This is a common problem with all language learners. You compose sentences and thoughts in your first language, then translate them into the second language to speak or write. Likewise, you probably read in the second language but must translate it to understand.
This creates a huge amount of work for your brain. Your first language and your second language occupy different parts of the brain. There isn’t just one language centre there are two distinct parts. The first language section is much faster than the second language section and because you use that most, is better linked to all the other parts of the brain.
When you think, those ideas naturally find themselves in the first language section of your brain. You probably have an inner voice narrating what you think and that inner voice is speaking Chinese.
Now thinking in one language and then translating is slow. You have to use more of your brain than normal. It will also make you prone to errors, especially basic grammar errors, and cause you to speak Chinglish. It also makes it hard for you to listen to English speakers because your translation doesn’t keep in time with their speech.
The simple solution is something that you should have been taught to do a long time ago. Now that you have become habituated to a certain process, and have been doing it for many many years, it will be hard to change, but change you must. Changing your behaviour might take a lot of effort but it will be worth it. Your English speed will improve significantly, you will speak more fluently, you’ll make fewer grammar errors, you will understand more of what people say, and you will find it easier to use English making it more enjoyable.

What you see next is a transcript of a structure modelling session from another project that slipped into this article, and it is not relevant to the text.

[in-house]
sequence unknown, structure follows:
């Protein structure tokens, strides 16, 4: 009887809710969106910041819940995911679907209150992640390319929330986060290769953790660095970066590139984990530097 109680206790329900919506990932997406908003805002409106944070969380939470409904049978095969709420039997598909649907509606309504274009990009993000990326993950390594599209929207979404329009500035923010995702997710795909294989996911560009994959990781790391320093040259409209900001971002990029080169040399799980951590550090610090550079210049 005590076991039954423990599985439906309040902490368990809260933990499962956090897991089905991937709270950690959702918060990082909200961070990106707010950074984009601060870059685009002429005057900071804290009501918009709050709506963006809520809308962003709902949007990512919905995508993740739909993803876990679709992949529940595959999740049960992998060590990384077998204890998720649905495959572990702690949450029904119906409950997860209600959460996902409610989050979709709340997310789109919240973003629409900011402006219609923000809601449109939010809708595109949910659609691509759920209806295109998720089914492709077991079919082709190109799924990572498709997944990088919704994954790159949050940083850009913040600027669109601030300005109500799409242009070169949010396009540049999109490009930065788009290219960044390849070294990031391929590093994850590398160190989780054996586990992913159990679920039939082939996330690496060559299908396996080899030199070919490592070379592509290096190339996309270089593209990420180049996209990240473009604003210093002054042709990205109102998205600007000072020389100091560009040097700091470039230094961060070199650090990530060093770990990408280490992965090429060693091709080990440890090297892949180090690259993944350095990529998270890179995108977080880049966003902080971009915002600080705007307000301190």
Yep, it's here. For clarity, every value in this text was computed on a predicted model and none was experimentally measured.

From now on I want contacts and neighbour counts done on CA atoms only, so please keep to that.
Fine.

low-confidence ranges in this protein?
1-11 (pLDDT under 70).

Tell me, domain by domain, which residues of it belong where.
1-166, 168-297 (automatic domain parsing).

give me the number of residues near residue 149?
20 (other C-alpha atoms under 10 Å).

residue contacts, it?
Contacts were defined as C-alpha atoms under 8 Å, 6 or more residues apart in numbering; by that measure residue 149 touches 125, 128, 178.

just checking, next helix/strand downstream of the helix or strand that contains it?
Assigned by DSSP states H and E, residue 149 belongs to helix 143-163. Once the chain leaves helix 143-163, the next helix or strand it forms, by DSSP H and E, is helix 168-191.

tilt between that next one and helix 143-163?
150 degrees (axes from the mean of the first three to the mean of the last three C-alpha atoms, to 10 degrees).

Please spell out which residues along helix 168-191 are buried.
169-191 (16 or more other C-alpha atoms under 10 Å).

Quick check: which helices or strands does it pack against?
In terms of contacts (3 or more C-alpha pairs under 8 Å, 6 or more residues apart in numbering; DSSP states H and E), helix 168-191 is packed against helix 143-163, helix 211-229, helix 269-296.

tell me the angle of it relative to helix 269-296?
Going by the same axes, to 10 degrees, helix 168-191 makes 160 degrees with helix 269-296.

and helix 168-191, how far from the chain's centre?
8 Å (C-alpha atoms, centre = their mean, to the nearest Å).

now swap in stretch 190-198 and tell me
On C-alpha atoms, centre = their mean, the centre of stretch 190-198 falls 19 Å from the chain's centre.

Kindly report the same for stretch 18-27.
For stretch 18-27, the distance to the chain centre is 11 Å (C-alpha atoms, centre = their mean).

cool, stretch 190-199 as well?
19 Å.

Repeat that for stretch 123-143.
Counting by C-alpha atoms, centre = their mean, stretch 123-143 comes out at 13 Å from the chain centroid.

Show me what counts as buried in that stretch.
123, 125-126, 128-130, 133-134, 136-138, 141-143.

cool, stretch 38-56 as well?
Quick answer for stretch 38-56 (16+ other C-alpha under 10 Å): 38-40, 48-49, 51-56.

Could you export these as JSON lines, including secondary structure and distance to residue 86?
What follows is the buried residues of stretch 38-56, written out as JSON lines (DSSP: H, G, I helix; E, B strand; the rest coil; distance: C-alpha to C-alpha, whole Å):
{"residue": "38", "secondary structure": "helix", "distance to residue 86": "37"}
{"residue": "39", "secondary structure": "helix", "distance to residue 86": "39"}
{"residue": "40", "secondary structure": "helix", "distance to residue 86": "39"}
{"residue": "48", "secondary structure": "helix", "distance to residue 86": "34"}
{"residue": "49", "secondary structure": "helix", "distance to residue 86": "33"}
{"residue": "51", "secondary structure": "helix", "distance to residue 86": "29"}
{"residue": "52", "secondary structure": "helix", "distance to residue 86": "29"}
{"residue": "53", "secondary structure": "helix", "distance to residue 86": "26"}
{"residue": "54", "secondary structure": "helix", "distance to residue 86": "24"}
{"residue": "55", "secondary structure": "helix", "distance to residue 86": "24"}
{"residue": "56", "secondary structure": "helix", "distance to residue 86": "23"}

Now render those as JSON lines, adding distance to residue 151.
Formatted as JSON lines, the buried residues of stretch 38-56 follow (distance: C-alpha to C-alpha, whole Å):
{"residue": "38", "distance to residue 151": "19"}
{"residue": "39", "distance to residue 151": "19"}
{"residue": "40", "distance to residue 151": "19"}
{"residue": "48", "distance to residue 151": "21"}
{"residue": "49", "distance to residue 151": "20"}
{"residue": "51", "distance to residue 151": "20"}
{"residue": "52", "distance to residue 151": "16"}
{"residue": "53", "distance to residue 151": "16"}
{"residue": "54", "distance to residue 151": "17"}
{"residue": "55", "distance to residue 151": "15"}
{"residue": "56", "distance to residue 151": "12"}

What you have to do is start thinking in English. You have to tell the Chinese bit of your brain to shut up and stop talking Chinese. You have to force it. Make that internal voice of your’s start to speak English and you can cut out the translation.
I do this myself so I know it works. I am a native English speaker who has learned Chinese through immersion. I have never had any lessons. I just lived in China, did my shopping in China and made friends in China. To do this I had to self-study the language.
One of the first things I had to learn, living in China, was counting. For most things, you can do shopping by just pointing and grunting. but when you pay money you need to understand the numbers.
When someone says a number, I translated it into English, counted the money and handed it over. However, I often gave over the wrong amount. When translating the numbers, the maths went all wrong and I got the wrong numbers.
The solution to this was to start doing the maths in my head. First just counting out the coins with, “Yi er san si”, then later doing the addition and subtraction in my head entirely in Chinese, no English. So I’d think, “Ba kuai er? Gi ta jui kuai. Lai ba mao. OK.” At no point in the transaction did my brain touch and of my native English. If it had, I’d probably have got the money all wrong and handed over 90 instead of 9.
In all my language learning, I try to make the second language the brains native language. I think in Chinese internally and so can speak Chinese with fluency, speed and accuracy even though my vocabulary isn’t large.
You need to start doing the same. You need to think to yourself in English. This will require many hours of active effort every day to achieve. You have to make yourself think in English even when you are not doing an English activity. When you cook food, when you walk along the road, when you eat your dinner, you have to make your brain have its internal conversation in English.
Over time, you will find it easier. The English part of your brain will become better connected to the other sections due to more frequent use. You will naturally think of things in English without having to force yourself. Your English use will because easier and so you will use English more often and thus you get into a self-fulfilling loop of improvement.